Chef Brannon Soileau of The Culinary Institute of America begins by explaining that chile peppers can transfer their heat to your hands via their oils, so it's safest to use food preparation gloves when cutting them. He starts by cutting a serrano chile in half lengthwise, then, using a sharp knife, removes the white pith and the seeds. (Most of the chile's heat is stored here, and the seeds can be difficult to digest.) He cuts the flesh into thin strips, then turns the strips on their sides and slices across to mince. His simple advice: You don't want to leave large chunks in delicate dishes, but bigger pieces are desirable for bold, spicy dishes.
For 60 years, The Culinary Institute of America has been setting the standard for excellence in professional culinary education. In this video series, experienced chefs and educators show you how to tackle essential cooking techniques.
Hi, I'm Chef Brannon Soileau from the Culinary Institute of America, and I'm going to show you this kitchen basic today: how to work with hot chiles.
This is a serrano chile pepper that we're using today. It's one of the hotter ones, so until you understand your skin, and how your oils and body react to chile peppers, you may want to consider wearing gloves. Remember, it's just to prevent the oils of the chile peppers from touching your skin.
We're going to cut this pepper directly in half, all the way through both sides, and then we're going to lay them open - just like so. We're going to remove the pith, any of the white pith from inside the chile pepper, and any of the seeds. The seeds and the pith, the inside membranes of the chile, are where the real heat is contained. Depending on the application of your recipe and how you wanted to use the chile, it would certainly be all right to use the pith and the seeds, but for most applications you remove the seeds and the pith. For one thing, the seeds aren't that great to eat; they kind of get caught in your teeth, and they don't digest very well, so most recipes call for you to remove the pith and the seeds.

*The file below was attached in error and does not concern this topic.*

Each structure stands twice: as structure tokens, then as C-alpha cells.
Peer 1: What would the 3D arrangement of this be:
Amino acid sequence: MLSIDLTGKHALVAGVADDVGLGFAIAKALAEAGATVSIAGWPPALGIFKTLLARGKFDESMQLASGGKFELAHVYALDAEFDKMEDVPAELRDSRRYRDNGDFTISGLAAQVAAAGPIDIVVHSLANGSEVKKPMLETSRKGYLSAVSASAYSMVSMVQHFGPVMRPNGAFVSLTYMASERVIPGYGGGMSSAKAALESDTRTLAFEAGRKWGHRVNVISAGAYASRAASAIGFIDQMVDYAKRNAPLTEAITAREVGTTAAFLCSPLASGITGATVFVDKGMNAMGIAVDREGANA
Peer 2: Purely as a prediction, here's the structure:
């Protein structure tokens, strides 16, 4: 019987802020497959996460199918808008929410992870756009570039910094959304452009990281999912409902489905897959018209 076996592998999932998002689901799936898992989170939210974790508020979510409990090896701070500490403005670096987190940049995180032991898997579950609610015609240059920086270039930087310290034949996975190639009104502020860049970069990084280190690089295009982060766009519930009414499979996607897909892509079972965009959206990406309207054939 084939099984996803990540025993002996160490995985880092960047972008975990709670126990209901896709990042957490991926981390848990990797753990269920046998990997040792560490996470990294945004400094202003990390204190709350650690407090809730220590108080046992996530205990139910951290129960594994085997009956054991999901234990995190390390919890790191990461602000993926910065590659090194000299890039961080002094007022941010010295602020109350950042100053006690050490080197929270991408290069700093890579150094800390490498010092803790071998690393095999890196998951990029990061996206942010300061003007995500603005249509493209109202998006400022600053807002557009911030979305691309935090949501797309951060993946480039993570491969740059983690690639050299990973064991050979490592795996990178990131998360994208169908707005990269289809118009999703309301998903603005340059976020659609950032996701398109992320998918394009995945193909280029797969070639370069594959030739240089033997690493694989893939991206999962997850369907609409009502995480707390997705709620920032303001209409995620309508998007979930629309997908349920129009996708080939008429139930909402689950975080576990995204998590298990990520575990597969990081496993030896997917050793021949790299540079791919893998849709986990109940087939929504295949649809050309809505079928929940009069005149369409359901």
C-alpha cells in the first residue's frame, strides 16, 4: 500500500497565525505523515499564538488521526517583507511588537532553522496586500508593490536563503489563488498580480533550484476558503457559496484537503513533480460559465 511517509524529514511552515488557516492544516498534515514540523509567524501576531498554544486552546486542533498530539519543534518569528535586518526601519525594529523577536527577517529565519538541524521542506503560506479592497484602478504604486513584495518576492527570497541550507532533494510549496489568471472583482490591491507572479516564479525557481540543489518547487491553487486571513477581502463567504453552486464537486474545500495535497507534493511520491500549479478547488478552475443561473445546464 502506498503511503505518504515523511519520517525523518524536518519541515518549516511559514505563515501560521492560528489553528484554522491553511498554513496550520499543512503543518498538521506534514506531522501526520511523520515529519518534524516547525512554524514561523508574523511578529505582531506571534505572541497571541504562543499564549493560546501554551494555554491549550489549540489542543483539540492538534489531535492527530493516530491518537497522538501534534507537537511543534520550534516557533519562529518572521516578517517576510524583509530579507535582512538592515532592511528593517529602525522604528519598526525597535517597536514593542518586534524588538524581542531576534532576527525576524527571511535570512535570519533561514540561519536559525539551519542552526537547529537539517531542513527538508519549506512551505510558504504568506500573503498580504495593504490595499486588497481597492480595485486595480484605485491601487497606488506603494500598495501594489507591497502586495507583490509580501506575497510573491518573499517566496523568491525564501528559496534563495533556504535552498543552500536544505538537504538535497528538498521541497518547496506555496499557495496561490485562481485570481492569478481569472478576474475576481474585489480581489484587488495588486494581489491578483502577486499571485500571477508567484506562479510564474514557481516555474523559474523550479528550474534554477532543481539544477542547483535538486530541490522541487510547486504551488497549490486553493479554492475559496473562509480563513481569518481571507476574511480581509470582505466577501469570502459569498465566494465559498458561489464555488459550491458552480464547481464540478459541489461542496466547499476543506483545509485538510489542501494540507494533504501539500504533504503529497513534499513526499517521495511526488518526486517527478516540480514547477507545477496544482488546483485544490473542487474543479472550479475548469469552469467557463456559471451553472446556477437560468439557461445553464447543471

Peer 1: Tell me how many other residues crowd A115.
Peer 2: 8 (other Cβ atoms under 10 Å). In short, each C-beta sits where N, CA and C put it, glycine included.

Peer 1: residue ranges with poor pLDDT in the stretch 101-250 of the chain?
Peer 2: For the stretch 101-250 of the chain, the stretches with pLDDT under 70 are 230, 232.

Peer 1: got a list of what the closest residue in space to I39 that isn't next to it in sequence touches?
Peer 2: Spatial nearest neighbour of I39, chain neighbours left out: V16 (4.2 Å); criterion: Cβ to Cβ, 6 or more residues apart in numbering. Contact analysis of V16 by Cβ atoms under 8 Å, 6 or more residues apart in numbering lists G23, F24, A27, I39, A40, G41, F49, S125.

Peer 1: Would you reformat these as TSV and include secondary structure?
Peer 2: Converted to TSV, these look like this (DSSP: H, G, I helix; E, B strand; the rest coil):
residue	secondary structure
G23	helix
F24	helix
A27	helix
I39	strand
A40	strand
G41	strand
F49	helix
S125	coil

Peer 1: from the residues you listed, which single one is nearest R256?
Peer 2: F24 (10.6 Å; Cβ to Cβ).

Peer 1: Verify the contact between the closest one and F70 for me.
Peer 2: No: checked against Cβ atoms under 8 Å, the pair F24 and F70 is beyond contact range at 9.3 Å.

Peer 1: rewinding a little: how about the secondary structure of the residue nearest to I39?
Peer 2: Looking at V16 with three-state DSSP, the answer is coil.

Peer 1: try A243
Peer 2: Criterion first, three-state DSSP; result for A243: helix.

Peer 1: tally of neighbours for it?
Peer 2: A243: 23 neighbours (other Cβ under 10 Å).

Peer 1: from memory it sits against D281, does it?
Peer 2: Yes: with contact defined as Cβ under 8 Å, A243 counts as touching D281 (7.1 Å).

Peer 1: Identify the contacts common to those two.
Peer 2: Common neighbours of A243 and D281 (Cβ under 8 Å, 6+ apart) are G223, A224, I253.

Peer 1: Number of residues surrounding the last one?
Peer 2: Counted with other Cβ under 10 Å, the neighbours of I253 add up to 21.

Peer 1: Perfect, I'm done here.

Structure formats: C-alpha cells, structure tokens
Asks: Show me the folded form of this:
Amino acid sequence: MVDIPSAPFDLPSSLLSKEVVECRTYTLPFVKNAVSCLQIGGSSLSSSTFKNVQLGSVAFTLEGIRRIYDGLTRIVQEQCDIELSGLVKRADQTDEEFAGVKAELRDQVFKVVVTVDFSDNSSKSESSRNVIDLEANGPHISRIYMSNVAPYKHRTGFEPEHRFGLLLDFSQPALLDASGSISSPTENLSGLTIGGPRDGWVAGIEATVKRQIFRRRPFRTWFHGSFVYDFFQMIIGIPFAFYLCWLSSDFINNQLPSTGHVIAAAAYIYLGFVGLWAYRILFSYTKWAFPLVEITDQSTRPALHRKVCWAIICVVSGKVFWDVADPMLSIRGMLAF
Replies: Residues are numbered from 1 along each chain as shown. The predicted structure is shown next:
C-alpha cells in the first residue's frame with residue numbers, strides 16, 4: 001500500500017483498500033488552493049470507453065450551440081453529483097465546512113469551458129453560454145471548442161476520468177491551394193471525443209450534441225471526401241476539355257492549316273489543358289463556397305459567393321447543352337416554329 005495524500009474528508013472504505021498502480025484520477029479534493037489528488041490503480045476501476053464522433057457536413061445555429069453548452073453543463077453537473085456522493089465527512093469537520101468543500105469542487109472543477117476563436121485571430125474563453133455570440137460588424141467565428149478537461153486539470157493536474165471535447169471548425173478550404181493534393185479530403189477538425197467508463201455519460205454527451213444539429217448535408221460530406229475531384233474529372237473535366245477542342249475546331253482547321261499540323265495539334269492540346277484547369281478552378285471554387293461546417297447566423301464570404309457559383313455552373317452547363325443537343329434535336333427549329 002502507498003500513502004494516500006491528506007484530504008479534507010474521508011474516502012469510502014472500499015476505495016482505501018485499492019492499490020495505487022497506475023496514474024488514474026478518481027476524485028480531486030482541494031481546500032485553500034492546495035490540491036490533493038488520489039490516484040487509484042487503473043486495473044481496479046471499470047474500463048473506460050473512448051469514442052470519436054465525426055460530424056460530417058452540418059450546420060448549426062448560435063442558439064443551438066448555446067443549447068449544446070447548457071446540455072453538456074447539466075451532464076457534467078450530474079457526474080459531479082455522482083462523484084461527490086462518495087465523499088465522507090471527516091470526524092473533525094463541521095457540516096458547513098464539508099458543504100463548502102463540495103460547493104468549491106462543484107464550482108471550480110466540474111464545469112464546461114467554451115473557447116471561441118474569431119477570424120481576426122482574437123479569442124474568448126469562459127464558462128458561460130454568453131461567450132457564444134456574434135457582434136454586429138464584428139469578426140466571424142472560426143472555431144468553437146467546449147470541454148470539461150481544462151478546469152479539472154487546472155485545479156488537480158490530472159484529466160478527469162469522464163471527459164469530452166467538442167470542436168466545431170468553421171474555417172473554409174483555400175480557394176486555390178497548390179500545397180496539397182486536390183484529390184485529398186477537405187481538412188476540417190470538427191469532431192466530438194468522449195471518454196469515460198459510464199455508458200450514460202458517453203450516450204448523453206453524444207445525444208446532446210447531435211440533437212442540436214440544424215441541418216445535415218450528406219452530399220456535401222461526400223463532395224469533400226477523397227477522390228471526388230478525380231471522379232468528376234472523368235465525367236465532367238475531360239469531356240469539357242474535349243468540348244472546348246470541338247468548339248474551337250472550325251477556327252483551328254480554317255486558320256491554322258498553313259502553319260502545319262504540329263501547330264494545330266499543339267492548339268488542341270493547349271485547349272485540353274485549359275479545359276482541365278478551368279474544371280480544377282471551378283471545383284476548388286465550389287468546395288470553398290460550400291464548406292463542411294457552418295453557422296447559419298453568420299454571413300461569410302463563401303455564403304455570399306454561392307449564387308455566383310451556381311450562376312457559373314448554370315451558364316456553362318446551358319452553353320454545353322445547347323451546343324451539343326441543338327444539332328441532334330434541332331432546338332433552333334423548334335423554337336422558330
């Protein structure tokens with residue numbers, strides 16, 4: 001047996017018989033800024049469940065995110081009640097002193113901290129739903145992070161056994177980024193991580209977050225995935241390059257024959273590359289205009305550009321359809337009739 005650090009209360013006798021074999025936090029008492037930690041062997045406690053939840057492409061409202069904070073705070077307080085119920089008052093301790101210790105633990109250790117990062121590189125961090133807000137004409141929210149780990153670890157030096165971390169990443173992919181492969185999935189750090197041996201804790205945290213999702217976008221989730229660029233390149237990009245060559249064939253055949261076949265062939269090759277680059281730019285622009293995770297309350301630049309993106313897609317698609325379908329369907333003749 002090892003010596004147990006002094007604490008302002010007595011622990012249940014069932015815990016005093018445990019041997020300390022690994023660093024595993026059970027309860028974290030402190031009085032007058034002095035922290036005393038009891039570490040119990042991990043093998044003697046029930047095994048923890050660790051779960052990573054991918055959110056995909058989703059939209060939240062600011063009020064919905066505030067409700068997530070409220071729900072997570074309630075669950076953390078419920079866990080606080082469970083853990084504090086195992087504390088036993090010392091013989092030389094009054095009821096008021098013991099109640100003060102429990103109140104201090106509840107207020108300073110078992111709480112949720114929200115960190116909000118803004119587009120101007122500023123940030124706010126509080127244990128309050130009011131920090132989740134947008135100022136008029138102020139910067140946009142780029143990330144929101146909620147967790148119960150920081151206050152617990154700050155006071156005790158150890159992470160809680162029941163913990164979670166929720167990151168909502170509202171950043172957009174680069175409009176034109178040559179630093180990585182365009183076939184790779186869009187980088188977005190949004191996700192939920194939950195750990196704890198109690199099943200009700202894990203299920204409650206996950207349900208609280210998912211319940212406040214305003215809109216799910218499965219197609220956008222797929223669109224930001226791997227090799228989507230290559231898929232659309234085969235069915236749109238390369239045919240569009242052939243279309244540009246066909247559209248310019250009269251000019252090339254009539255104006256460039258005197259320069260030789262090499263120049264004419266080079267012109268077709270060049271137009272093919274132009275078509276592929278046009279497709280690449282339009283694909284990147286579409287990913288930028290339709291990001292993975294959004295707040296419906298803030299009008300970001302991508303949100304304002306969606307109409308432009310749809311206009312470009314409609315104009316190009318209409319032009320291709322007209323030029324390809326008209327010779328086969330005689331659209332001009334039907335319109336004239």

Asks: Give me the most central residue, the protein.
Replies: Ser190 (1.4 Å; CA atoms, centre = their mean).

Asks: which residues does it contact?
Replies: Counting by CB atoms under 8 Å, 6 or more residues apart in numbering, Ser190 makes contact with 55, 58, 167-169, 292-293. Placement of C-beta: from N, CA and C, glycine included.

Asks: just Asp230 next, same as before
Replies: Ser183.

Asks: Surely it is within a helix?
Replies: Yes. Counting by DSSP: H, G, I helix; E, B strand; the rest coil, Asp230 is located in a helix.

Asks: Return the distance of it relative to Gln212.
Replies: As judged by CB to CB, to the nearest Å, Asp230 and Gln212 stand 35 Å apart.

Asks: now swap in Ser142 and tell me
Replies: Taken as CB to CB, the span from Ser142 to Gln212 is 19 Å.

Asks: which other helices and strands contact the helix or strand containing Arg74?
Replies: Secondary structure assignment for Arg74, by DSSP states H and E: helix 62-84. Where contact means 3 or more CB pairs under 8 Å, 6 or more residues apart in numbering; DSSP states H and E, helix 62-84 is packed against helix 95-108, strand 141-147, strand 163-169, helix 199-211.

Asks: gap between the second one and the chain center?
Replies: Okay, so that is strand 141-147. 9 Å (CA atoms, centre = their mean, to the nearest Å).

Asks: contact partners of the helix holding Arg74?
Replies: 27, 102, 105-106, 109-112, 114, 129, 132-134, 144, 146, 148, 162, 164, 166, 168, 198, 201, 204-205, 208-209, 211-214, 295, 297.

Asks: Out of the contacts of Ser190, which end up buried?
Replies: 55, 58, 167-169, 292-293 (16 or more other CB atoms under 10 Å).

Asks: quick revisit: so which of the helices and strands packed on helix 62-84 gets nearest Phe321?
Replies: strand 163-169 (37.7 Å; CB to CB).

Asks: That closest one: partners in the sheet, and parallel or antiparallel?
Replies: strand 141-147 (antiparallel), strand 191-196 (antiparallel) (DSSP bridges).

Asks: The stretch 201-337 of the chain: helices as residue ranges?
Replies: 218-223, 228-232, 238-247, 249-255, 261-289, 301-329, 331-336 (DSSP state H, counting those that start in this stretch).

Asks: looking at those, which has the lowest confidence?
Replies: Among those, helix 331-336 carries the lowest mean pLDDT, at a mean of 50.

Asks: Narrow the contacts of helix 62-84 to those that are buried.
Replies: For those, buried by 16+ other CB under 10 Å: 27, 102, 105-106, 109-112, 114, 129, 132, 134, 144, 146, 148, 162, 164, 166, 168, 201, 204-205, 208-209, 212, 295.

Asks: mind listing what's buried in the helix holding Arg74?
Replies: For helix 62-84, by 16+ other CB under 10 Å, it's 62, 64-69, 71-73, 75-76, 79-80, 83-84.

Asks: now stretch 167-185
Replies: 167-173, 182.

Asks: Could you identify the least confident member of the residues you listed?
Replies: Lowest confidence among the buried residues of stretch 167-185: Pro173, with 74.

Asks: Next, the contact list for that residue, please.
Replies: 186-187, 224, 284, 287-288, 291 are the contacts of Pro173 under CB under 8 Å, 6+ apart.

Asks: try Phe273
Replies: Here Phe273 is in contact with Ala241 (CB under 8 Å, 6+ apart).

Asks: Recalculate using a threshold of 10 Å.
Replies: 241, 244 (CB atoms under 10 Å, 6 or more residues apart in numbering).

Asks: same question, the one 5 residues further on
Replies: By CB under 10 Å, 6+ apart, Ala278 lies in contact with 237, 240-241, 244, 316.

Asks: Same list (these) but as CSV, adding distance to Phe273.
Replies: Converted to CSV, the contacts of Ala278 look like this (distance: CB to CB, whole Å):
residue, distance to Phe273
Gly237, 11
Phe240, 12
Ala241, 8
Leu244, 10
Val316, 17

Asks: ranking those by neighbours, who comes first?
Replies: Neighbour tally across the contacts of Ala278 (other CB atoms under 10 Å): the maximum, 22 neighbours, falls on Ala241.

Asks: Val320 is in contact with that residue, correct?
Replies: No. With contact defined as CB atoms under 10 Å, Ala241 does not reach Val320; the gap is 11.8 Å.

I've made small insertions around the pith and I'm just going to move the chile around slowly under my knife, and move it through that pith and remove those seeds. Give it a light tap; if there are any caught inside that channel I will remove them. Now you end up with the actual flesh of the chile pepper.
If I was going to make some type of cold application, or a salad, I would probably cut it in very fine strips, so that they don't dominate the dish that I'm working with - and then I would turn those strips on their side and I would mince. I would do that for maybe a cold preparation: a dungeness crab jalapeno salad, something like that. You wouldn't want to put a jalapeno that's massive in a salad that's delicate like that. It'll dominate it, it'll ruin it. On the other hand, maybe I'm going to make a salsa, and then I want to take this same meat and cut larger pieces, almost a larger dice or a medium dice - so that I do want the dominance of the chile. How you're going to use a chile pepper is important to what your final prepared product is going to be, and what the recipe calls for.